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Why Do I Write Poetry

During a professinal development event, a presenter spoke about teaching poetry. To my knowledge, this person spent little time teaching, yet he was a supposed expert about all things teaching. In the course of his presentation, he expressed disdain for poetry. He claimed, without evidence, we teach poetry without explaining to students why we teach it.

In my teaching, I described reasons why I taught something, opening up learning to include what students considered important. This included questions about topics and content. Often, students began with a negative view of poetry. With time, we got over hurdles together. Without a collective effort, we do not overcome issues in life and learning. We end up with haiku written through rote formula:

Here are five syllables

And here I write seven more!

Are you happy now?

The presenter indicated, despite having written poetry, he was unsure why teachers taught poems written. I think there are good reasons, but I could be wrong.

Poetry calls me to choose words, paradoxically spare and spacious. Spareness is in the number of words; the fewer the better. The space allows the reader room to interpret. What did the poet mean? What senses are invoked through the word choice?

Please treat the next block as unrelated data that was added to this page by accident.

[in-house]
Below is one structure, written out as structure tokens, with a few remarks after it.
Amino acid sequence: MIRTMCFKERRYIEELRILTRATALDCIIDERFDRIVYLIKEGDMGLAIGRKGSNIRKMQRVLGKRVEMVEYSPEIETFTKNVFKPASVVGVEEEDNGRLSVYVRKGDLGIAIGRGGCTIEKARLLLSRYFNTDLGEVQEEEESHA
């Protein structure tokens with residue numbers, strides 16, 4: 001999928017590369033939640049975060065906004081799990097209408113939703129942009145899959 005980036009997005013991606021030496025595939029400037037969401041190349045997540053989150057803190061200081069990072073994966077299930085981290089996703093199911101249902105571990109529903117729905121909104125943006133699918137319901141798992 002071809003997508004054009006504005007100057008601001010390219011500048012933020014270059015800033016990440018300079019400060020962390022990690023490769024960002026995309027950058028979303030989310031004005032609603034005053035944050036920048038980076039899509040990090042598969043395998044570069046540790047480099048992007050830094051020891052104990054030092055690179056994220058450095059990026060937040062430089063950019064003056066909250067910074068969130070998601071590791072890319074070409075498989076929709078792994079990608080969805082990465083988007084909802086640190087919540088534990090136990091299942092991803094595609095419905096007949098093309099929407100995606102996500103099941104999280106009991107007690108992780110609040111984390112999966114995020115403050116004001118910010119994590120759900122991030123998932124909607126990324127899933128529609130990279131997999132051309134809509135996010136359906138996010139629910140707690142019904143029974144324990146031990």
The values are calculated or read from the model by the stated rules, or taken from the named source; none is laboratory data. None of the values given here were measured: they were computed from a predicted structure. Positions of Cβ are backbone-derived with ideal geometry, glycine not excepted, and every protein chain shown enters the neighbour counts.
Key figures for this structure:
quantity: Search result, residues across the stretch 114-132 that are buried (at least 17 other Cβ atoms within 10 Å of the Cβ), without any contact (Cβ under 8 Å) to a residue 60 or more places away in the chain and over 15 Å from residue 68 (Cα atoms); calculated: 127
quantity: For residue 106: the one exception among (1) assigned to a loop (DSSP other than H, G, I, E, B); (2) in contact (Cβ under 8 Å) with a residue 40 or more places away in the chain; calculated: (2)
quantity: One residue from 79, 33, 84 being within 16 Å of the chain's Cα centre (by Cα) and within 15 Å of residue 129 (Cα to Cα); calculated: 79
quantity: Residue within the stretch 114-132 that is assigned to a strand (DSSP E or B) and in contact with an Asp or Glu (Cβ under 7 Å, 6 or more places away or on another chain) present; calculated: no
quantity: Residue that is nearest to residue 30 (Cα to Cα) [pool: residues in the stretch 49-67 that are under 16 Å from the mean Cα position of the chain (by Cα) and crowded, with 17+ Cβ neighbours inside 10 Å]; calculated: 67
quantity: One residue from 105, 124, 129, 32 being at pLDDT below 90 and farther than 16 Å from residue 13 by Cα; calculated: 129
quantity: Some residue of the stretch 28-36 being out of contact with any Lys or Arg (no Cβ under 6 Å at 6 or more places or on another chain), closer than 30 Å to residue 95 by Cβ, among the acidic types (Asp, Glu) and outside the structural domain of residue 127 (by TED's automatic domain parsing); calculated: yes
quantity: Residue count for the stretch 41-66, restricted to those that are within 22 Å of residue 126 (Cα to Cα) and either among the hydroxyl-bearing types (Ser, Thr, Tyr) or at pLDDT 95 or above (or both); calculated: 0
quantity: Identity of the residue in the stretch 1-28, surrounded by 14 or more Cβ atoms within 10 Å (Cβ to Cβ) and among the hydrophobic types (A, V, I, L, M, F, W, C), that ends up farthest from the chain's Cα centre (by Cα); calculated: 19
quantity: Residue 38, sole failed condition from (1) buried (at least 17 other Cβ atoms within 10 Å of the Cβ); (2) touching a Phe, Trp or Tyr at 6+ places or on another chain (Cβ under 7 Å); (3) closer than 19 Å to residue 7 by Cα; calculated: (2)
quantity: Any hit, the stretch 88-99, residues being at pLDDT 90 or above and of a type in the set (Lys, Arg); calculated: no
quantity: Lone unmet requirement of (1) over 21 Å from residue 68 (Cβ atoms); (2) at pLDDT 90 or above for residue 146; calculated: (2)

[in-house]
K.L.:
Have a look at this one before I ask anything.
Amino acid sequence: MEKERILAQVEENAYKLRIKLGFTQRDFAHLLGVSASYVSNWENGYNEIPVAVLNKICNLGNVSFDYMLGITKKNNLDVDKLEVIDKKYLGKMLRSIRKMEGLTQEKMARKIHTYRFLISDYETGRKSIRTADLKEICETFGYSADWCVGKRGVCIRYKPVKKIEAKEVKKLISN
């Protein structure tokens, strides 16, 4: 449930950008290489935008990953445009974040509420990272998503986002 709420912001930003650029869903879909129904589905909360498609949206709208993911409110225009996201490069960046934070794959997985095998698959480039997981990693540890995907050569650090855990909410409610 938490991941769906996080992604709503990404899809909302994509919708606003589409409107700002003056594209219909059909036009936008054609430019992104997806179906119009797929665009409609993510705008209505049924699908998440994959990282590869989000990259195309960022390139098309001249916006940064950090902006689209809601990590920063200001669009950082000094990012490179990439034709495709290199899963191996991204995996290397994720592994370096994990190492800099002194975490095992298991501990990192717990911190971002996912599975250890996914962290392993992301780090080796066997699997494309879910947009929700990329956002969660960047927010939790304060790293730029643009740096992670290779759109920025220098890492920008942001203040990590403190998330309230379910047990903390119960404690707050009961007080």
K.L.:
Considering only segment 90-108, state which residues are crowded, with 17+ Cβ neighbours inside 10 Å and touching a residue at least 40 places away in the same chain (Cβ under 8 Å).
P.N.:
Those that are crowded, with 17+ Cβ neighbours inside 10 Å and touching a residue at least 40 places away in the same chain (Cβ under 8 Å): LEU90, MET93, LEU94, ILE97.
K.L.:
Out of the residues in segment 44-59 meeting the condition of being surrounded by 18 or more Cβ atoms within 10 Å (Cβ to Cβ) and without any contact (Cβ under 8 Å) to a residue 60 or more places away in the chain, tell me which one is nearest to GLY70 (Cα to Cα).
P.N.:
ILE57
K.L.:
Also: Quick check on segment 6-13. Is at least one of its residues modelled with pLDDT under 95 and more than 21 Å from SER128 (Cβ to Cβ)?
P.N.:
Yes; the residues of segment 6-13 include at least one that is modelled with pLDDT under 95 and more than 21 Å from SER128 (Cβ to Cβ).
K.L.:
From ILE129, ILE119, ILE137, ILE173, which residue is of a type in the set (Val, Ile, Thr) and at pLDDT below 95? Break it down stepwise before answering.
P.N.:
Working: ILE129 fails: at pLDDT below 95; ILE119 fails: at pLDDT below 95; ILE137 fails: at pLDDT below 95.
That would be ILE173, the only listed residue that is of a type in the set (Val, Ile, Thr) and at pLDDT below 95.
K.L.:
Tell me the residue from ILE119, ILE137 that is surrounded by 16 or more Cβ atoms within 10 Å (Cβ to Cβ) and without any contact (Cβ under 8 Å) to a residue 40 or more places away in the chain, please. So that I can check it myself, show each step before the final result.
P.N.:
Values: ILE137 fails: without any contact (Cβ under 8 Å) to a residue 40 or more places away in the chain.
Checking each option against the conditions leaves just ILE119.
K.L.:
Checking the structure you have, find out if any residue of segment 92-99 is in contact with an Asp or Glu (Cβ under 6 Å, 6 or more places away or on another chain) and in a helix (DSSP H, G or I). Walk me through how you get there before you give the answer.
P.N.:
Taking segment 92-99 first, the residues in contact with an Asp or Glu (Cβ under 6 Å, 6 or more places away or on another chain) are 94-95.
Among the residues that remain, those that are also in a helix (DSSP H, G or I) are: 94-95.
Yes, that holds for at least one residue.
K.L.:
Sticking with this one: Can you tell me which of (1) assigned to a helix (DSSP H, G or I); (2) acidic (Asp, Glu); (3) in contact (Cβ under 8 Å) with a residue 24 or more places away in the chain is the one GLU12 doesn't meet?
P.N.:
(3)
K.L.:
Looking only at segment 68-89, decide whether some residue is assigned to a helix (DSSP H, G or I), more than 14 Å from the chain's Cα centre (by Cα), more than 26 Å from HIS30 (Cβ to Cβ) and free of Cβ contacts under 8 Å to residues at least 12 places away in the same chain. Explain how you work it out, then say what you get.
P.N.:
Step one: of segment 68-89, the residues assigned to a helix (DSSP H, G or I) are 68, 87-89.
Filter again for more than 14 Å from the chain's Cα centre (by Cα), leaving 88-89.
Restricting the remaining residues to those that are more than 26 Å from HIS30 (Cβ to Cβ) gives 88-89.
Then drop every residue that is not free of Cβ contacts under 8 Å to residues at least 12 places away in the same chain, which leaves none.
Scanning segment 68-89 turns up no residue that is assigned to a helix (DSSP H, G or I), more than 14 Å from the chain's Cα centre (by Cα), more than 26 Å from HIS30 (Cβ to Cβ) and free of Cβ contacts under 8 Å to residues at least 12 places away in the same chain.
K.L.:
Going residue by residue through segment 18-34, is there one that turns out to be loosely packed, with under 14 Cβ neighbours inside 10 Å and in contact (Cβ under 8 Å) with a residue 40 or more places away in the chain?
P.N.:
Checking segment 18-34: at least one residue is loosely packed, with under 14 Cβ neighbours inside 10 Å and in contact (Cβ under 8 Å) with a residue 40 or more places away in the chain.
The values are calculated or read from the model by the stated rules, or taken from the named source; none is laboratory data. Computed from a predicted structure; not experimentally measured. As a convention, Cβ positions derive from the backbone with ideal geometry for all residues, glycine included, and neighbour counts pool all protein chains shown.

Instead of counting something, poetry asks me to explore life and understand quality is not evenly distributed. I have privileges, maleness, whiteness, education, that others do not have the eauitable access to.

Choosing words,

Caring about each–

Describing feelings,

Experiences never identical.

Revealing thickness in meaning,

Experiencing sameness different–

Bringing us together,

Bridging worlds.

I told students, who struggled with reading and writing, poetry was an alternative to express themselves. I used ee cummings, as a model, to overcome worries about grammar, spelling, and capitalization.

i dig ee cummings

no punctuation

no capitols

won’t worry about spellin either

no sweat

aint no problem

i write poetry

I enjoy poetry. I always have. I remember a poem, The Elevator, I memorized in Grade 4. I think it Walter de la Mare wrote it. My friend memorized a poem called Douglas Fir. His name was Douglas. When I enjoy who and what I teach, I bring enthusiasm to writing poetry.

Artists, including poets, are often at the forefront, addressing social issues. In our times this includes Maya Angelou, Thomas Merton, Wendell Berry, Adrienne Rich, Parker Palmer, Thich Nhat Hanh, etc. Sometimes, I do not think of these authors as poets. Each of them wrote/writes poetry helping to raise my awareness about issues.

Below are the wonderful and poetic words of Thich Nhat Hanh.

Peace in our heart

I close with a poem I wrote many years ago as a 15 year old in high school. I have never been a fan of what we call capitalism. What we have is predatory and is at the root of current political, economic, and social issues. Only a handful are admitted to the club.

Captains of Society

Captains of Society

Shallow, superficial, arrogant

Single ambition

Greatness in the eyes of others

Only those with resources can apply

The rest

Forgotten

Pay a high price, but…

It’s their fault

They own their misery.

A cheque to charity

Assuages my conscience

What about the despair?